The Attorneys General of 19 states sent a new letter to the world’s largest investment management firm BlackRock, making accusations that “BlackRock’s actions on a variety of governance objectives may violate multiple state laws.” The states signing the letter are Alabama, Arizona, Arkansas, Georgia, Idaho, Indiana, Kansas, Kentucky, Louisiana, Mississippi, Missouri, Montana, Nebraska, Oklahoma, Ohio, South Carolina, Texas, West Virginia and Utah.
The letter takes a forceful tone from the start:
Based on the facts currently available to us, BlackRock appears to use the hard-earned money of our states’ citizens to circumvent the best possible return on investment, as well as their vote. BlackRock’s past public commitments indicate that it has used citizens’ assets to pressure companies to comply with international agreements such as the Paris Agreement that force the phase-out of fossil fuels, increase energy prices, drive inflation, and weaken the national security of the United States. These agreements have never been ratified by the United States Senate. The Senators elected by the citizens of this country determine which international agreements have the force of law, not BlackRock. We have several additional concerns that fall under our jurisdictional authority as attorneys general.
Among the specific points the letter brings forward:
- BlackRock lacks neutrality with regard to energy investment decisions: “Rather than being a spectator betting on the game, BlackRock appears to have put on a quarterback jersey and actively taken the field. As a firm, BlackRock has committed to implementing an ESG engagement and voting strategy across all assets under management, and held over 2,300 company engagements on climate, the most of any category of engagement.”
- BlackRock excludes financial return in company engagements: “Under our state laws, the desired ‘dialogue’ regarding any potential energy transition would be how to maximize financial returns, which would potentially include the opportunistic purchasing of fossil fuel assets discarded by companies seeking to meet net zero commitments. However, any discussion of purchasing such assets to maximize returns is conspicuously absent from GFANZ or Climate Action 100+.”
- BlackRock’s duty to its clients should be focused on financial returns: “The stated reasons for your actions around promoting net zero, the Paris Agreement, or taking action on climate change indicate rampant violations of this duty, otherwise known as acting with ‘mixed motives.'”
- BlackRock has violated its duty of care: “BlackRock’s belief that the world will require net zero by 2050 could be a pretext to force companies to adopt your preferred climate policies. This would not be the first time that a fiduciary claimed unsupported assumptions as the basis for its actions. For this reason, many of our states require a fiduciary to ‘make a reasonable effort to verify facts relevant to the investment.’ BlackRock’s past failure to predict fossil fuel demand warrants caution regarding its enforcement of net zero policies on portfolio companies.”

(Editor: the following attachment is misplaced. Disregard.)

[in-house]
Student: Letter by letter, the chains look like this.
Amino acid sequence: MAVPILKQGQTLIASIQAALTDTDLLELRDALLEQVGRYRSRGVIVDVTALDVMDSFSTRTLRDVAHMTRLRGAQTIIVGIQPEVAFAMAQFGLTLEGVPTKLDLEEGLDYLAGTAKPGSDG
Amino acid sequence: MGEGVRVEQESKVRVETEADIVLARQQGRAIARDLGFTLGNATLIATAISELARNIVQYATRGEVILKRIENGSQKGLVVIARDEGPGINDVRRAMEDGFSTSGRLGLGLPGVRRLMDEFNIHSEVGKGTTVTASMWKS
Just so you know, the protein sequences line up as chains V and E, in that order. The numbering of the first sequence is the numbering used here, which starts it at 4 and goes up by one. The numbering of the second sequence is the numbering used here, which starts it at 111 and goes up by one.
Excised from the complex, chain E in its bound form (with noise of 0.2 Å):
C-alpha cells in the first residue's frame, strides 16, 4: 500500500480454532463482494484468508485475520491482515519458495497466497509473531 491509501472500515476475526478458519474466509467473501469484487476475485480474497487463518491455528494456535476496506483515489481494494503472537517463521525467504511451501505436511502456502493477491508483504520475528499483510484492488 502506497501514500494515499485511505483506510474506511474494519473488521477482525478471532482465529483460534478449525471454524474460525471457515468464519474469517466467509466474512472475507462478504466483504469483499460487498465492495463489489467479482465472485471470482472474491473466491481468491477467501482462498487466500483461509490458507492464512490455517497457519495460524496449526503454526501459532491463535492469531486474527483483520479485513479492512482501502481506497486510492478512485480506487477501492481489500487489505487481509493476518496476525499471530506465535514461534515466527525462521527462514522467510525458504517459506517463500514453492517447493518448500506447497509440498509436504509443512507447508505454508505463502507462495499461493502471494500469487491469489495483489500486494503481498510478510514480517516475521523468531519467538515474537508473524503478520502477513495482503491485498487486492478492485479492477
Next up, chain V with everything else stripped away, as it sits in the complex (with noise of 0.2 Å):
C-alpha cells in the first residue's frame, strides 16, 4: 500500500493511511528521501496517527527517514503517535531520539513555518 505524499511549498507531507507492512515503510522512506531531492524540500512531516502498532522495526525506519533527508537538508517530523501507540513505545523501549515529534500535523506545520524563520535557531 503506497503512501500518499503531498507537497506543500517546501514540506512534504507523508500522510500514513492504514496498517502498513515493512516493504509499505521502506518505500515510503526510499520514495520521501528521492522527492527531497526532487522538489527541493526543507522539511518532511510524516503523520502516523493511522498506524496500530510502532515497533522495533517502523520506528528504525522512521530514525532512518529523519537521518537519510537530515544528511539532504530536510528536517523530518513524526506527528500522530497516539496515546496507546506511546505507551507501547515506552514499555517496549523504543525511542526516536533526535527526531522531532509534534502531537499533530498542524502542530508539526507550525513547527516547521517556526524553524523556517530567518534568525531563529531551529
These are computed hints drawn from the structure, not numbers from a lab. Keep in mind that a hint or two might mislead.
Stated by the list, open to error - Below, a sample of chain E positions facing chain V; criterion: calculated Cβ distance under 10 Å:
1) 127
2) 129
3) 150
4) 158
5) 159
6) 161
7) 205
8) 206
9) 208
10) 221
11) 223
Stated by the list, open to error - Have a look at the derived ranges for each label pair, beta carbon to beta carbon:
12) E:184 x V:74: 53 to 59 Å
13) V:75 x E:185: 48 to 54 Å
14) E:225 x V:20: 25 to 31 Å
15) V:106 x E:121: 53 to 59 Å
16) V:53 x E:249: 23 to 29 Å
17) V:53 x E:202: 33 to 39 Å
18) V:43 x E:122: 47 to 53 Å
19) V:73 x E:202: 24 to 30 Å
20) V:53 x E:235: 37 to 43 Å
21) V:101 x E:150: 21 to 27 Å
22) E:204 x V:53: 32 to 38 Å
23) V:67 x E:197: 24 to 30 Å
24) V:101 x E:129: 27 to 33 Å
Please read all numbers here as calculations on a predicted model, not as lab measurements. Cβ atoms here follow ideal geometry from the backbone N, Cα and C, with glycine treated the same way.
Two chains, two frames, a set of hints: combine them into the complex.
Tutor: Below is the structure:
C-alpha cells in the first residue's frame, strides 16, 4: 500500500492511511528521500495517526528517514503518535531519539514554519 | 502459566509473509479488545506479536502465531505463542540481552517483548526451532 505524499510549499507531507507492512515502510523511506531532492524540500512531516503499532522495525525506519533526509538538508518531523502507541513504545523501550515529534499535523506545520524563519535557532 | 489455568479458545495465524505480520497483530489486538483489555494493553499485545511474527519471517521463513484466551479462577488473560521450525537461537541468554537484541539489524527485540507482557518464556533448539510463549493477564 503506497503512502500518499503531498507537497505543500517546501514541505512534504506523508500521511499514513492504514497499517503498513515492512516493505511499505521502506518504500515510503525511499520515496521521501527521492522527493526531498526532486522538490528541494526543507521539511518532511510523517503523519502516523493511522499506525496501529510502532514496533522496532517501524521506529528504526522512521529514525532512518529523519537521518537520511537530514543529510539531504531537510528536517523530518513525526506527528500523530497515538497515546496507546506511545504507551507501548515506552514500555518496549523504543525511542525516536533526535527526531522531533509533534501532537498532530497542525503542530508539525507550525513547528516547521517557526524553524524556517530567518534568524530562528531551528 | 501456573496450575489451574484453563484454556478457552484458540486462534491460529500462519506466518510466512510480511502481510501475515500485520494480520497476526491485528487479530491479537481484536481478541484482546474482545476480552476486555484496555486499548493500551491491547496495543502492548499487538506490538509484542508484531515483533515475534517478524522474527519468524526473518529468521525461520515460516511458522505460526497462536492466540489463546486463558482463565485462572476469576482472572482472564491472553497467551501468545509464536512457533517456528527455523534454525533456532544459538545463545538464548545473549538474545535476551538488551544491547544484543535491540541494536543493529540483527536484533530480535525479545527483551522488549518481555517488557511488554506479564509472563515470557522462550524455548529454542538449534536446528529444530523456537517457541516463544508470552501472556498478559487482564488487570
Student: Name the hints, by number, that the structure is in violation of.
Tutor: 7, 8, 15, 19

- Antitrust concerns: “BlackRock’s coordinated conduct with other financial institutions to impose net-zero also raises antitrust concerns… These antitrust concerns are especially acute because BlackRock and other asset managers affirmatively tout their market dominance.”
- BlackRock is “boycotting energy companies” under state laws: “Many of our states have adopted legislation prohibiting energy company boycotts, and others will likely join them. Your letter was written in response to accusations that BlackRock may have violated one of these laws. In response to these accusations, Mr. McCombe stated: ‘BlackRock does not have any policies prohibiting or restricting investment in companies because they are energy companies.’ As you may know, the definition of an energy boycott includes actions to penalize companies for failing to meet emissions standards beyond what is required by relevant law. In a document entitled, ‘Our Approach to Sustainability,’ you detail numerous votes against companies for failing to meet disclosure standards that are not required by law.”
Our view: Regardless of where you stand on this issue, the letter is excellent reading. Some of the AGs attacks are at their base really about how companies in which BlackRock invests demonstrate the financial value of ESG (or how they don’t make that demonstration) – and perhaps how BlackRock itself does so. Linking ESG to financial values and returns can be problematic, especially when the focus is on “sprinkling ESG fairy dust on shares,” which has been the bulk of past efforts by the majority of companies (I wrote extensively about this in Killing Sustainability). PracticalESG.com members have exclusive access to several Guidebooks and checklists to help companies improve how to quantify and communicate the financial value of ESG initiatives in a practical and meaningful way.